- Math: Around age 8 or so, begin weekly timed drills in basic math facts: by the end of 3rd grade, your child should be able to add, subtract, multiply and divide single-digit numbers FAST. You can make this fun by using a stopwatch and keeping a chart of progress, or try the Math-It system (getting all the math fact cards on their correct answers while holding your breath!), timed math games on the computer, or have a friend over to do timed tests with your child.
Teach your child to use scratch paper when allowed – don’t let him always do complex problems in his head, especially multiple-step word problems, division and multiplication of large integers, fractions and decimals, or algebraic equations. When I test children individually, I am always amazed at how many homeschoolers refuse to use paper and pencil to work out math problems, even when I encourage them to do so (and they almost always make a lot of mistakes by trying to do everything in their heads). Mental computation is a great skill, but so is efficient use of pencil-and-paper.
- Reading: Read, read, read! Read aloud to your child (even your older child), have your child read aloud to you and talk about the stories…talk about new vocabulary words, the plot, the characters, what might happen next, summarize what happened in the previous chapter, what motivated the characters, etc. Read poetry, non-fiction, essays, even magazine and newspaper articles. The more knowledgeable your child is about a wide variety of topics, the greater his understanding will be on test day. (Not to mention the fact that reading widely makes us all more competent and interesting people!)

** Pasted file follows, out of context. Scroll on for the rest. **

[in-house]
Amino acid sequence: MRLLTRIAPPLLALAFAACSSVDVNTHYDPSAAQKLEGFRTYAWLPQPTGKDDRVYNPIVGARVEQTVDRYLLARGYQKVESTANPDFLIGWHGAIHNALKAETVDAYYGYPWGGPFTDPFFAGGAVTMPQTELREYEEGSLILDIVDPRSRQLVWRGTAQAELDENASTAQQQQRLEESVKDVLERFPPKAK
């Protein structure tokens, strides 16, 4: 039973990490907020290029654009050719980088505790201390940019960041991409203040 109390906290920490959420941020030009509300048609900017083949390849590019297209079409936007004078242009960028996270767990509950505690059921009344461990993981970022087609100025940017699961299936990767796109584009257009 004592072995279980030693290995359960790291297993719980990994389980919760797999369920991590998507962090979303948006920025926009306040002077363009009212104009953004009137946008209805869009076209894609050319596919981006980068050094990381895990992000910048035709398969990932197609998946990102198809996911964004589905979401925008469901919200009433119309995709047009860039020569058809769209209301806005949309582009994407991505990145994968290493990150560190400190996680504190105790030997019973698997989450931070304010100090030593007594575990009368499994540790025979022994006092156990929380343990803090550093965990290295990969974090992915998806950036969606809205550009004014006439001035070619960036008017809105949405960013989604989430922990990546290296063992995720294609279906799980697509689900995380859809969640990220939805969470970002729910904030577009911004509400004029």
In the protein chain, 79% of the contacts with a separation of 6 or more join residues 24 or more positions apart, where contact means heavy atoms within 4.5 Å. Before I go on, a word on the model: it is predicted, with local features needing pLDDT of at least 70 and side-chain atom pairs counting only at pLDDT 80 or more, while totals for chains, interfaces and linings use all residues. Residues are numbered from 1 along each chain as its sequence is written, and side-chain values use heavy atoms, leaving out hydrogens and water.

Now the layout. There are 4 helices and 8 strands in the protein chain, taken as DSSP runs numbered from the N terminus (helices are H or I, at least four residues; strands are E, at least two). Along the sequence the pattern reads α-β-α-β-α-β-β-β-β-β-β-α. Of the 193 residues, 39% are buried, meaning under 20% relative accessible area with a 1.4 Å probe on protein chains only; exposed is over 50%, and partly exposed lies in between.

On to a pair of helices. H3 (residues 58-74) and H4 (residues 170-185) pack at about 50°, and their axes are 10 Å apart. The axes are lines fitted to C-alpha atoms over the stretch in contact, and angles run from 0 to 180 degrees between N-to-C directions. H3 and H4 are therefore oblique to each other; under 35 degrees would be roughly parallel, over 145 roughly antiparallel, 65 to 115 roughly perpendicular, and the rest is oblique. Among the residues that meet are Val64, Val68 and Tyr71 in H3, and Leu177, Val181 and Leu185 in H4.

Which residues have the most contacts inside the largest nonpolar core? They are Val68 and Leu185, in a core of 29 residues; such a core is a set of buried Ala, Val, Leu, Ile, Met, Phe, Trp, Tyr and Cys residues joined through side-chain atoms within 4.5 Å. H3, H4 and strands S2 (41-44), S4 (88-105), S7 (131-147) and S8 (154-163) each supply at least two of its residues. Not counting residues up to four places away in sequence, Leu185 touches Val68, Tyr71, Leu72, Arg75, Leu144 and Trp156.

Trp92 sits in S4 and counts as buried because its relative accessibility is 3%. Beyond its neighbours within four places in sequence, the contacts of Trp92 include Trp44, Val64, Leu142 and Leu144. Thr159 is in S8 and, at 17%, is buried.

- Teach your child how to look back in the story to find the answer . . . learning how to skim over a selection to find specific information is a very helpful skill.
- Also work on visual and auditory memory – have your child do silent or oral reading, then ask him to summarize what he has read out loud to you. Have him practice remembering what he has just read – he shouldn’t have to look back in the passage for the main idea, characters, setting and basic plot.
- Give him 5Ws book reports to write (who, what, when, where, why, how). For 5th grade and up, focus on the Why? and How?
- Practice choosing titles of main ideas for reading selections. On the standardized tests, students should NOT be creative, but need to think like the boring adults who developed the test.
- Work on gaining meaning from a reading selection even if your child cannot de-code all the words. The first time through, have him say the word “something” for each difficult word; then re-read for meaning and see if he can figure out the words he didn’t know based on the context of the sentence, picture clues and phonetic features. There is nothing wrong with making an educated guess about a word to see if it makes sense in the sentence.